Before the snap, White motions toward the ball from his split wide to the left. The snap comes as White gets to about a step behind and to the left of Gronkowski. This stacks Williams and Davis, in an effort to force Williams to move behind Davis at the snap and creating instant separation. This almost happens, but Williams changes his mind at the last second and lets Gronkowski and Davis run by him. It was the exact right decision.
Cooks takes off on a “Go” route, and Hilton is a little slow to get his hips around due to a subtle double-move by Cooks. Once they both get up to speed, Hilton keeps up stride for stride, but Cooks has about a one-yard advantage on him.
So, what happens here is Mitchell has to stay deep initially, to bracket Cooks. Fortunately, the pressure didn’t allow this play to develop cleanly, because Cooks had Hilton beaten well enough on the deep route. The overall effect, and almost certainly by design, is that Mitchell has to come away from Gronkowski.
The massive tight end runs about a 10-yard dig route, but his clunky break prevents him from getting really good separation.
While this is happening, White is running a drag route underneath. This is where is almost goes very, very bad.
Williams has to split Amendola and Burns, who are coming on a drag in the opposite direction. There is contact between the two defenders, and Burns ends up on the ground. Fortunately, Brady was pretty much staring down Gronkowski, almost from the beginning of the play, even though that’s something the future Hall-of-Fame quarterback allegedly never does.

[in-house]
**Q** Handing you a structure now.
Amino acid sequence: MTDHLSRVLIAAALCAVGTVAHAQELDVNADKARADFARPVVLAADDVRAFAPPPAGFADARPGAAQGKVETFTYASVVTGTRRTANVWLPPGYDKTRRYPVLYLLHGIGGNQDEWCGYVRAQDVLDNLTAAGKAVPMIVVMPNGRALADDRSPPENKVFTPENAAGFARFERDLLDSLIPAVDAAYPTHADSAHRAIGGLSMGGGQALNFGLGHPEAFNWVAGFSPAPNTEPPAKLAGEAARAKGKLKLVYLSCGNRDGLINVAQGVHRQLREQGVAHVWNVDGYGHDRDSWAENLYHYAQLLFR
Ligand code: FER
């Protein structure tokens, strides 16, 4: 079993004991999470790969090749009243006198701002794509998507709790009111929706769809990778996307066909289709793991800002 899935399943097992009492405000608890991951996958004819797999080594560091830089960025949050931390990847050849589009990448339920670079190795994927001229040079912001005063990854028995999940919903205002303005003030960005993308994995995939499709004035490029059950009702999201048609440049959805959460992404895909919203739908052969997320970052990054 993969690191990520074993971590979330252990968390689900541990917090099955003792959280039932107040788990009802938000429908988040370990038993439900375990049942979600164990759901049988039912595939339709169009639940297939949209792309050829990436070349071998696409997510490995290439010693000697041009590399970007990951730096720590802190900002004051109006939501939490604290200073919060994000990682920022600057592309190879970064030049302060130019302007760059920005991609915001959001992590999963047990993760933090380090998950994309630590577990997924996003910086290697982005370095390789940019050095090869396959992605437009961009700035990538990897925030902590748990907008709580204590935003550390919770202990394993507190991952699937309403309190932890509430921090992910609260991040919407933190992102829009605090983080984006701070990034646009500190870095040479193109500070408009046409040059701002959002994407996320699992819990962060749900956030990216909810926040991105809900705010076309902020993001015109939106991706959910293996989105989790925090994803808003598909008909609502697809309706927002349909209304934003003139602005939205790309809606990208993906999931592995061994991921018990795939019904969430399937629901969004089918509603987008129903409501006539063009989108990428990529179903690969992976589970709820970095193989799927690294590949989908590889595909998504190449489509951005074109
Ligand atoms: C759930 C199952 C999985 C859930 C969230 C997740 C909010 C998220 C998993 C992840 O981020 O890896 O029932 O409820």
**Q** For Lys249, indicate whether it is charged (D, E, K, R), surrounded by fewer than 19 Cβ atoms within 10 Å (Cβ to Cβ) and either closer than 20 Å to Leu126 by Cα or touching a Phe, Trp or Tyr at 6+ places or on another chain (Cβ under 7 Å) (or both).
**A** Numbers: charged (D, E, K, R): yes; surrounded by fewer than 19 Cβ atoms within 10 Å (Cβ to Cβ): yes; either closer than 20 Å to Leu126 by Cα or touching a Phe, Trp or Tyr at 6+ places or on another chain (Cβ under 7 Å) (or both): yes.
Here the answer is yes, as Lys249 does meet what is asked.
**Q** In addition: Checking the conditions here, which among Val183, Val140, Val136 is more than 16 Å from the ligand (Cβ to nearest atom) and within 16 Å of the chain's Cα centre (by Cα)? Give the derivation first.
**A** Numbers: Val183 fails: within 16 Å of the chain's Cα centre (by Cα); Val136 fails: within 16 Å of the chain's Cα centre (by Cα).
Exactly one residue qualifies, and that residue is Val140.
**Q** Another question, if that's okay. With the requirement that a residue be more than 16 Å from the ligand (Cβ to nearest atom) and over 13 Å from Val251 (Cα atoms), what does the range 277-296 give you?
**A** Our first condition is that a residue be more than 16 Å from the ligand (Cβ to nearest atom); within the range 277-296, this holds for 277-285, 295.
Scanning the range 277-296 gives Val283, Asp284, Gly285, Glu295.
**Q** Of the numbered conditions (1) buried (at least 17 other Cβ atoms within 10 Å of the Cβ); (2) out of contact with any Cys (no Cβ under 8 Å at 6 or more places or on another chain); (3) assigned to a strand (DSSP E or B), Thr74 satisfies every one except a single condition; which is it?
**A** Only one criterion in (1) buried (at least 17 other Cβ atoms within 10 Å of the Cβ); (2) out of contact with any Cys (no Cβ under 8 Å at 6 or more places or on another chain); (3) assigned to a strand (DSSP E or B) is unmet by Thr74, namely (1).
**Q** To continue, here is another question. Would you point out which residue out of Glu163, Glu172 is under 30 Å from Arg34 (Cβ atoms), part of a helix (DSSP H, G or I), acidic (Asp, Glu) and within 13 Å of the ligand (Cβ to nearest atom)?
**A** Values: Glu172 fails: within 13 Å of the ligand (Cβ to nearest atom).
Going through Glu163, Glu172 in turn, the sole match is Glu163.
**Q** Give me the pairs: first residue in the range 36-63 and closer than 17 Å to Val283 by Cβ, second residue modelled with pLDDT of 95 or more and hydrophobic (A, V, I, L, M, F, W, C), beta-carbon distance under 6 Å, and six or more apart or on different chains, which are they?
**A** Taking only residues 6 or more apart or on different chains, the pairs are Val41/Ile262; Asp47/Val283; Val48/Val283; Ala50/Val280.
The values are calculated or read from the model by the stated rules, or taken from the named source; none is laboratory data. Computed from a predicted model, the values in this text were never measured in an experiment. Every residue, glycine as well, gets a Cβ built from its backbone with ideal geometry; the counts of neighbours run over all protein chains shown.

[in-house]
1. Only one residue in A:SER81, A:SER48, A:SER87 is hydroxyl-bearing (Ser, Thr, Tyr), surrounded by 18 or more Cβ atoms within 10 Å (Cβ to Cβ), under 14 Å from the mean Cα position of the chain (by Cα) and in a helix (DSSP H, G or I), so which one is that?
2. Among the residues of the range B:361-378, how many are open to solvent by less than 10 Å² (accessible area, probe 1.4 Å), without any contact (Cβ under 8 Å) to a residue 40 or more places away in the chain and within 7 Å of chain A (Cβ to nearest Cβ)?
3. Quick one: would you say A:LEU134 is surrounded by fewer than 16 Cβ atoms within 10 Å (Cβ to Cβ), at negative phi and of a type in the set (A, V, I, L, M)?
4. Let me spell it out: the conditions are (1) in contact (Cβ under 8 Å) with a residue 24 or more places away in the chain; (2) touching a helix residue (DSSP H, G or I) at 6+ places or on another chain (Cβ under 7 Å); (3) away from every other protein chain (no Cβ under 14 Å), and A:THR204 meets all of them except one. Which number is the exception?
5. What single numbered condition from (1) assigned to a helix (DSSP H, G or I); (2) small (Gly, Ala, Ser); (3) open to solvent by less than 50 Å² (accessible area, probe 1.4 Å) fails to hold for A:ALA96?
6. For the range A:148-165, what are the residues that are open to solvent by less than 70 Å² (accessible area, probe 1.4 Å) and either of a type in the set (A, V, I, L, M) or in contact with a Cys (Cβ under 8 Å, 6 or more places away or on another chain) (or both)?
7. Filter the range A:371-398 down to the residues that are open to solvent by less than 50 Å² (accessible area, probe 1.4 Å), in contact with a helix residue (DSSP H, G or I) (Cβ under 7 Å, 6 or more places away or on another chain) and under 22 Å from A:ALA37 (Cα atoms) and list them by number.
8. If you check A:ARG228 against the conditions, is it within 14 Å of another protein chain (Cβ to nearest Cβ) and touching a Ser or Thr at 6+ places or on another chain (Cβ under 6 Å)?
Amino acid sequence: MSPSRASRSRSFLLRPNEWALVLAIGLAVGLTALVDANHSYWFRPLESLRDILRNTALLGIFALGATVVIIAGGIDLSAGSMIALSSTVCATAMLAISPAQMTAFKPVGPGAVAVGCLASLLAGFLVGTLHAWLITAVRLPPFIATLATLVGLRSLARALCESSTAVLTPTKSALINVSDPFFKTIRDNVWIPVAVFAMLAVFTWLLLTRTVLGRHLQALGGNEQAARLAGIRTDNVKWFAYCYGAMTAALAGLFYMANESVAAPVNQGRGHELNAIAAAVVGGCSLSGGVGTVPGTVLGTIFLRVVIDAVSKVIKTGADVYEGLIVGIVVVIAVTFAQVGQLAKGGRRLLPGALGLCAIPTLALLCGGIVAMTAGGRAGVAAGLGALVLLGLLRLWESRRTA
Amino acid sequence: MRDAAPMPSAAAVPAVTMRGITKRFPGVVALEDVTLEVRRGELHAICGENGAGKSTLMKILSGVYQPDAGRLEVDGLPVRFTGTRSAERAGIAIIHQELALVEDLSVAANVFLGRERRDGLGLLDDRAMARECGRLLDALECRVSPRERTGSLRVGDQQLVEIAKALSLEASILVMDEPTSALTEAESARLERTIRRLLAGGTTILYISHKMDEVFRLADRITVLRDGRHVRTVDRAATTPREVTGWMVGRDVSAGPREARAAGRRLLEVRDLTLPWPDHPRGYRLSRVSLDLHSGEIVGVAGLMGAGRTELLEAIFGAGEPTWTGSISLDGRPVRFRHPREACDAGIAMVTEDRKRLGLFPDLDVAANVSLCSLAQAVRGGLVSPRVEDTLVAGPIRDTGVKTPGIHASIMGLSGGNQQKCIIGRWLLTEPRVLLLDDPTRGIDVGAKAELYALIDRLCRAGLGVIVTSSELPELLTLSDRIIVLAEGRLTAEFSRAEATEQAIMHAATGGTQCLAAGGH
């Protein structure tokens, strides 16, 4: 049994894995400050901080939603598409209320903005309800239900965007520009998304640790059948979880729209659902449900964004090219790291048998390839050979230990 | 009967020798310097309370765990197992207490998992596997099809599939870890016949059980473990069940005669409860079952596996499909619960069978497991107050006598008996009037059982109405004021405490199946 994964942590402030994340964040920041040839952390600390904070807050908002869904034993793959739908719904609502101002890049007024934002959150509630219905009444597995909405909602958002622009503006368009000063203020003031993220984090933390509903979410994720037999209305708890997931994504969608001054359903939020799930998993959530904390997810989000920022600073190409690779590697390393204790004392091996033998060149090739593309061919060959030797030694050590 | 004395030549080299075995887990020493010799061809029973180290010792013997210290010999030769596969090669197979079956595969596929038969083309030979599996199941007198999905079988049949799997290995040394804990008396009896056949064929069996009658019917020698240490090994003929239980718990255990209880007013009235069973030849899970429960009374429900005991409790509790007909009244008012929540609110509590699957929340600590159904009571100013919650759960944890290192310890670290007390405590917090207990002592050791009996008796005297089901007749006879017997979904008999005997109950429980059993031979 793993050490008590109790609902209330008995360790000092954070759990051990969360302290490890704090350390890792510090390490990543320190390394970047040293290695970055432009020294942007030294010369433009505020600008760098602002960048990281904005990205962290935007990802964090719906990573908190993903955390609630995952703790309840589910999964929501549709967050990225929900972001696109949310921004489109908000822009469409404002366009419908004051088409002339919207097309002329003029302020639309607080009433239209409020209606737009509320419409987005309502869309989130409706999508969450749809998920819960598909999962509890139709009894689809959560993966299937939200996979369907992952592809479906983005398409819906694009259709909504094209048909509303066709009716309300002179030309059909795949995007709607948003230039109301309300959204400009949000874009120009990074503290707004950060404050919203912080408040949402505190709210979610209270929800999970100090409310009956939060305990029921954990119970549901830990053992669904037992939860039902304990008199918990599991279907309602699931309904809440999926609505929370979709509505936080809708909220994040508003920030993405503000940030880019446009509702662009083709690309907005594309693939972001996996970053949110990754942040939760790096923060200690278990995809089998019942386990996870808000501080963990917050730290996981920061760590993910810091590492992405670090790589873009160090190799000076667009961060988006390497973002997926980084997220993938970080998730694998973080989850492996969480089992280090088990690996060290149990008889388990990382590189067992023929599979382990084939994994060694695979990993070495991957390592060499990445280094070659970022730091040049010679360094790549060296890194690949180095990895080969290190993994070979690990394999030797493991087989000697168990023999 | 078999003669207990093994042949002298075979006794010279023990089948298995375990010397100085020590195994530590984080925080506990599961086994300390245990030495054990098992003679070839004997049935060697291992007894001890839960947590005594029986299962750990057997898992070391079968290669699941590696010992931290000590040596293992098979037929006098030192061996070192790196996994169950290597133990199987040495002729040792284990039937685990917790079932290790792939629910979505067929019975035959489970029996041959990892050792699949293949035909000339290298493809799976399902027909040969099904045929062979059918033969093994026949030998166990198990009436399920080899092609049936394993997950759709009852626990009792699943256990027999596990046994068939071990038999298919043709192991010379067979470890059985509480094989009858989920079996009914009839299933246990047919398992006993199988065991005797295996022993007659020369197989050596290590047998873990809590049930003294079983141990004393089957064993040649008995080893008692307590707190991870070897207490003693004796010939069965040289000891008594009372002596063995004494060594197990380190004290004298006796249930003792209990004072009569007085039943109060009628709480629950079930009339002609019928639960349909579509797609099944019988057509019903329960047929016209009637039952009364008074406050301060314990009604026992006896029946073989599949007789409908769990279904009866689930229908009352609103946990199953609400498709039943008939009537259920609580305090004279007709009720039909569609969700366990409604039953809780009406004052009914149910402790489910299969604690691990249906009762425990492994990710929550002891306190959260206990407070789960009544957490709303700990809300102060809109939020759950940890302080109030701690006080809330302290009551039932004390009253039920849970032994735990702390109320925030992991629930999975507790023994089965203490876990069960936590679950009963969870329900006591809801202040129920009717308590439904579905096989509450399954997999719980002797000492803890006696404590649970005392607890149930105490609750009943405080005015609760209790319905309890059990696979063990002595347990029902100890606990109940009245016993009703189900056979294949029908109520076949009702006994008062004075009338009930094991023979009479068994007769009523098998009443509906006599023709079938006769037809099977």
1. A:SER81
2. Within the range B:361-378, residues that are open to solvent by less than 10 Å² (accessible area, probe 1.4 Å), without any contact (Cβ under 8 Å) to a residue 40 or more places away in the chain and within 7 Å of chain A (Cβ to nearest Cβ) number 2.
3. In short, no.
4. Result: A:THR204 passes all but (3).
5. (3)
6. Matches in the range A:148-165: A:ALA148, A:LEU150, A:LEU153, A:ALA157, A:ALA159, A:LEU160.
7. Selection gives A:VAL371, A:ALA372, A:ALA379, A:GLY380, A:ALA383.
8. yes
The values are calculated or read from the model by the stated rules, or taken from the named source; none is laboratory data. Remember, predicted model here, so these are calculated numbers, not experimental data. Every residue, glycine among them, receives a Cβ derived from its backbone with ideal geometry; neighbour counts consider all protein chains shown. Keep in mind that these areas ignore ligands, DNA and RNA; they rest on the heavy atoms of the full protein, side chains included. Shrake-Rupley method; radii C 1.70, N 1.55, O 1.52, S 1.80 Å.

At the same time all of this is happening, nose tackle Javon Hargrave is absolutely having his way with right guard Shaq Mason, while defensive end Stephon Tuitt is getting uncomfortably close to Brady on a speed rush around left tackle Nate Solder. This pressure forces Brady to throw without properly setting his feet. Because his hips are opened up to where he wants to throw, he is unable to get enough torque on the ball and throws it over top of White, but well short of Gronkowski.
The third and final key to this interception -- the coverage swap between Williams and Spence — is occurring as White is crossing the spot where the ball was snapped. As Spence takes over the coverage on White, Williams drops back about a yard and begins looking into the backfield, where he sees Brady winding up to throw. He’s able to impose himself into the ball’s path and get a hand on it, batting it to himself for the pick.
This play was clearly designed to go to Gronkowski against a single high safety. The “Go” by Cooks to keep Mitchell deep and Brady staring his tight end down are dead giveaways. The Steelers played this one about as well as can be expected, but these are the types of plays we feared might be missing with Shazier done for at least the remainder of the 2017 season. It’s nice to see that Williams and Spence are already developing a rapport that allows them to make a seamless transition like this one, and it’s good to know the rest of the defense is up to the man-coverage challenge.